GOP lawmakers on what’s at stake in Washington state
What are the stakes in our country and in Washington state?
KTTH’s Todd Herman posed that question to Republican state lawmakers with the hopes of better understanding the direction of the party. Listen to each interview with local lawmakers for insights on Washington’s recent legislative session, COVID lockdowns, violence in America, and the future of education.
Senator Doug Ericksen in the 42nd Legislative District
“We are definitely at a time for choosing, as the great Ronald Reagan said, in America today,” Ericksen said.
“When Rob McKenna ran for governor, he got about 48% of the vote. And after that election, I said, as we go and search for the next 3% to get to a majority, we cannot forget the 48% that just voted for us. So we have to stay true to our conservative roots as we go out there and expand our base. But again, there is a message that we can tell the people. … Going back to Ronald Reagan (my two favorite people are Ronald Reagan and Donald Trump), but when Reagan said you have to paint in bold colors, no pale pastels — we have to let people know that they have a real choice and give them a reason to show up and vote.”
Representative Jesse Young in the 26th Legislative District
“In very stark terms, the Democrat party has decided to take, whether it was politically prudent or not, or politically comfortable or not, has decided to take a much more vocal and in-your-face left turn to show what they’re about,” Young said. “In that regard, it’s waking up a lot of people. So it is becoming much more existential with regard to what this country and what the future is going to be for us, for our kids, how we’re going to live our life. Never before in my lifetime have we seen so much government control over the way that we live our lives, and the decisions that we make.”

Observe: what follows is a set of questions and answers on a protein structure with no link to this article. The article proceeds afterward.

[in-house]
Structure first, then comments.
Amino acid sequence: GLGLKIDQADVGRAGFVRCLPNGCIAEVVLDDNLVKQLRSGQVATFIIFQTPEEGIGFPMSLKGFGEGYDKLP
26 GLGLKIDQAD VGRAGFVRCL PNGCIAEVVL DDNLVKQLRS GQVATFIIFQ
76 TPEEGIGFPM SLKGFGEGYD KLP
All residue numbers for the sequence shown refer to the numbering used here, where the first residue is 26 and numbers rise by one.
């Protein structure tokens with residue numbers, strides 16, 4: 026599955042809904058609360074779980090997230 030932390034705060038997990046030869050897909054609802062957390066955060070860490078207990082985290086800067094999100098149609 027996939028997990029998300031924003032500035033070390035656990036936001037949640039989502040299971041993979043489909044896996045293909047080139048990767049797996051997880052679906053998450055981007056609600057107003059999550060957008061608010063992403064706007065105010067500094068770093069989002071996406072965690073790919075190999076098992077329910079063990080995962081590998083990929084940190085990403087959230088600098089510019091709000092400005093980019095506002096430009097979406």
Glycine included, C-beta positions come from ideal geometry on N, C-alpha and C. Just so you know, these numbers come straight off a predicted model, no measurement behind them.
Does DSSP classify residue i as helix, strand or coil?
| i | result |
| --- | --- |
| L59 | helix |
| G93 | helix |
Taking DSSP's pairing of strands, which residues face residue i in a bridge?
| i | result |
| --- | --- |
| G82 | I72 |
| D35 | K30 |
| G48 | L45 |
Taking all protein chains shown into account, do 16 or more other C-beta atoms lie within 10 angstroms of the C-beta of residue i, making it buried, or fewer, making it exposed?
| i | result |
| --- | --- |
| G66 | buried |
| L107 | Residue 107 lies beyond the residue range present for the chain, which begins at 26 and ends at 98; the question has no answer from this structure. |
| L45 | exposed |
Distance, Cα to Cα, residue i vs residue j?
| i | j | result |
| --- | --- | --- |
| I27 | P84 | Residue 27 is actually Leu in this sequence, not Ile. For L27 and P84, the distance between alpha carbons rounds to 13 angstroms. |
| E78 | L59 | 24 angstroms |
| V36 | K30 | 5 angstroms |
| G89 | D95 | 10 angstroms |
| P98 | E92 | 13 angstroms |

Senator John Braun in the 20th Legislative District
“I’d characterize it two somewhat different ways. There are certainly a lot of folks on the far right — maybe not even on the far right but just outlying on the Republican side — that are pulling us apart. And there are the same folks on the left that are really pulling the left in a direction that I think is bad for the country. And they’re very noisy, to put it plainly,” Braun said. “But I still have a lot of faith in the core, regardless of party, who are focused on their families, their communities, their jobs. They have a political position, but it’s not the thing that defines them. I think that group still exists in the U.S.”
“Frankly, we have to do a better job of reaching them,” he continued. “We have to do a better job of showing them that we’re looking out for the things that will make their lives better. That’s really our mission on the Republican side, and not to get caught up in these wild theories, regardless of their merit, that distract us from our real job.”
Representative J.T. Wilcox in the 2nd Legislative District
“(The stakes) are very, very high. But I’m also someone who studies history a little bit,” Wilcox responded. “I was a history major at Cal college and I know that we’ve been through these things before, too. America has come through. We have periods in our history that are very, very difficult. We don’t want to repeat the Civil War, but I also have a lot of confidence that we’re going to navigate this.”
“If there is anything that history has proven over the last 40 years, it’s that in the long run, the Left can’t win,” he added. “They can do a hell of a lot of damage. They can’t win because the truth is people want freedom, even though it doesn’t seem like it all the time, and economics counts.”
Listen to the Todd Herman Show weekday mornings from 6 – 9 a.m. on KTTH 770 AM (or HD Radio 97.3 FM HD-Channel 3). Subscribe to the podcast here.
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